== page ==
Lewis Hamilton’s Q1 elimination in Saudi Arabia is his worst qualifying result since 2017 and while he isn’t expecting an overnight transformation, the seven-time champion is adamant he will be going all-out to salvage his race.
Hamilton exited Q1 in P16 on Saturday night at Jeddah as Aston Martin’s Lance Stroll improved at his expense – sending the Mercedes driver out of qualifying while his team mate George Russell managed to make it into Q3 and eventually clinch sixth on the grid.
WATCH: Lewis Hamilton eliminated in Q1
The 103-time pole-sitter was almost lost for words when asked if he was surprised by the result: “Yes, of course. I just struggled with the balance of the car and yes, not where we want to be.
“It was something in the set-up. It was looking good in P3, we tried to progress in a similar direction and maybe we went too far. And the car was just undriveable – I was so nervous.
Now Hamilton, who took pole and won here in the 2021, will start three rows from the back of the grid as he attempts to rescue a result for the Silver Arrows – for whom he salvaged a podium in last weekend’s Bahrain GP.
“I’ve got the same car as I had in qualifying so I don’t anticipate moving that far forwards,” he continued. “But I’ll give it everything.”
Team mate Russell was more forthright with his concerns over the Mercedes W13’s pace as he qualified sixth – behind the Alpine of Esteban Ocon, and just 0.043s ahead of the other Alpine of Fernando Alonso.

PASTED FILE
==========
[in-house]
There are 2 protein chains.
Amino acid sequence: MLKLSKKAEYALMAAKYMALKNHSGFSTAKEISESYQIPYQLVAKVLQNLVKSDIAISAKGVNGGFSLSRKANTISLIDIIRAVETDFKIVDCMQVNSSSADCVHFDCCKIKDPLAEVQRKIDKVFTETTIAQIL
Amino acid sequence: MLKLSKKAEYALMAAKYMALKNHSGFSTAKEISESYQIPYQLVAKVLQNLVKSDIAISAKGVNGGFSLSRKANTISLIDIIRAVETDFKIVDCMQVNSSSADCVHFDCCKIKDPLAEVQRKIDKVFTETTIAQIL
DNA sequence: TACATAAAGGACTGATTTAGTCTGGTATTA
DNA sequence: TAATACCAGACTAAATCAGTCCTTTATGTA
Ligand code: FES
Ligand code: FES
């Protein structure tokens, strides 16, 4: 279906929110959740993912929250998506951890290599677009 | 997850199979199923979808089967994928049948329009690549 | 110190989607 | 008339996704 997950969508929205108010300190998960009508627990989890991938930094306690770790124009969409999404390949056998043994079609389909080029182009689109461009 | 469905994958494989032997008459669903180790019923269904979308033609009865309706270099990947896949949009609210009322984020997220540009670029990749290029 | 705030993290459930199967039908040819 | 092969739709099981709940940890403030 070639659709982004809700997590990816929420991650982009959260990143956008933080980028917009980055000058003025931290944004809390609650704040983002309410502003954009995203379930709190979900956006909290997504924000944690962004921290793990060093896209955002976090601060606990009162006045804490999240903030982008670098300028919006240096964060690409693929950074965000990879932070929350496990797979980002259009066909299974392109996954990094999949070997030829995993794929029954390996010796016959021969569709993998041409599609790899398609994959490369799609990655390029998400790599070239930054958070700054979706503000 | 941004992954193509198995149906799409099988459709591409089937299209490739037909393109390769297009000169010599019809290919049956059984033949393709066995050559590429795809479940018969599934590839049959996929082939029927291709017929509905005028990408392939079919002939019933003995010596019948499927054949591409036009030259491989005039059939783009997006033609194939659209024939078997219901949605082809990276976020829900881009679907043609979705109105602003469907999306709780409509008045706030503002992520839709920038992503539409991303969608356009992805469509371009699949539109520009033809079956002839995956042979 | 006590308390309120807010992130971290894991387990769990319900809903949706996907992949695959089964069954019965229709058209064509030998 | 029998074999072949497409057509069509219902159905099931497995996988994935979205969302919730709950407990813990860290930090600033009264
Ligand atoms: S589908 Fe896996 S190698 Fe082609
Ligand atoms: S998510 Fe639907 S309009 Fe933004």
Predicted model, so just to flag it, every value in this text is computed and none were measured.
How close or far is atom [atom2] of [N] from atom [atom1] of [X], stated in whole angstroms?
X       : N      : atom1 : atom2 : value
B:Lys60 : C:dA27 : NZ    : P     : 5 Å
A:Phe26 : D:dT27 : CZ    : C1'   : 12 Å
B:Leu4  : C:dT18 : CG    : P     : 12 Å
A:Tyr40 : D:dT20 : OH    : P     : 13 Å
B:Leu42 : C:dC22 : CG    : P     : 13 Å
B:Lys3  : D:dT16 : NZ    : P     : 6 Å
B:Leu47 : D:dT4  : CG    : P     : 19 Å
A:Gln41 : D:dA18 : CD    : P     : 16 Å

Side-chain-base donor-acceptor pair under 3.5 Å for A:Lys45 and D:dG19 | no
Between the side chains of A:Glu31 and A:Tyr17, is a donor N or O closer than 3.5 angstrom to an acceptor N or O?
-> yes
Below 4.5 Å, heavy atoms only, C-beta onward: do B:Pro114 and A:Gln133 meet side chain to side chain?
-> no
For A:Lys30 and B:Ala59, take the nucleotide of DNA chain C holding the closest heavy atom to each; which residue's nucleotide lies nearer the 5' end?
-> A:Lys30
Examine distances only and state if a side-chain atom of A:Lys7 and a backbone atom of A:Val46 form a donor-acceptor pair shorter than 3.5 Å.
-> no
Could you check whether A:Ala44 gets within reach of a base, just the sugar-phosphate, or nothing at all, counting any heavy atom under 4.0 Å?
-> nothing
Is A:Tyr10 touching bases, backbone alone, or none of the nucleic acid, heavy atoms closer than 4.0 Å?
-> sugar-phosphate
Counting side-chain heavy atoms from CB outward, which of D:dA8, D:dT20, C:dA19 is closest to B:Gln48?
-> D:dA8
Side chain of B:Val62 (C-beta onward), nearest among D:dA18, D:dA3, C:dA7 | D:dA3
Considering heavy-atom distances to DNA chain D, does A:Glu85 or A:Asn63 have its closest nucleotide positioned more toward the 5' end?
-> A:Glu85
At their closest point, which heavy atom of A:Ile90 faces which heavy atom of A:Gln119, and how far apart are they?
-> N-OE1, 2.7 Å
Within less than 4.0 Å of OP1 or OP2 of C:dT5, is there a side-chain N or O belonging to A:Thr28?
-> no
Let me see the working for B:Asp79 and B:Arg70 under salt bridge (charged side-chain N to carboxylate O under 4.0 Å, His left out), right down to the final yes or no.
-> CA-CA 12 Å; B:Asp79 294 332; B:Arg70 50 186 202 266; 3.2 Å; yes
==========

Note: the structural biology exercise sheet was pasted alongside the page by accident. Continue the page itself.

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“P5 was definitely possible,” said Russell, “but it’s been a very tough day and weekend for the team. Really struggling to get the car in the window. We know what our issues are with porpoising. We are doing everything we can to solve it but unfortunately, we are not making huge progress at the moment, everybody is working day and night to get on top of it.
“Every day is a learning day, I am sure we have learned something further from that qualifying session but unfortunately, it’s a championship and we want to be fighting further up.”
Sergio Perez took a stunning maiden pole in qualifying ahead of Ferrari’s Charles Leclerc – in a session halted for Mick Schumacher’s heavy crash, for which he was taken to hospital for precautionary scans.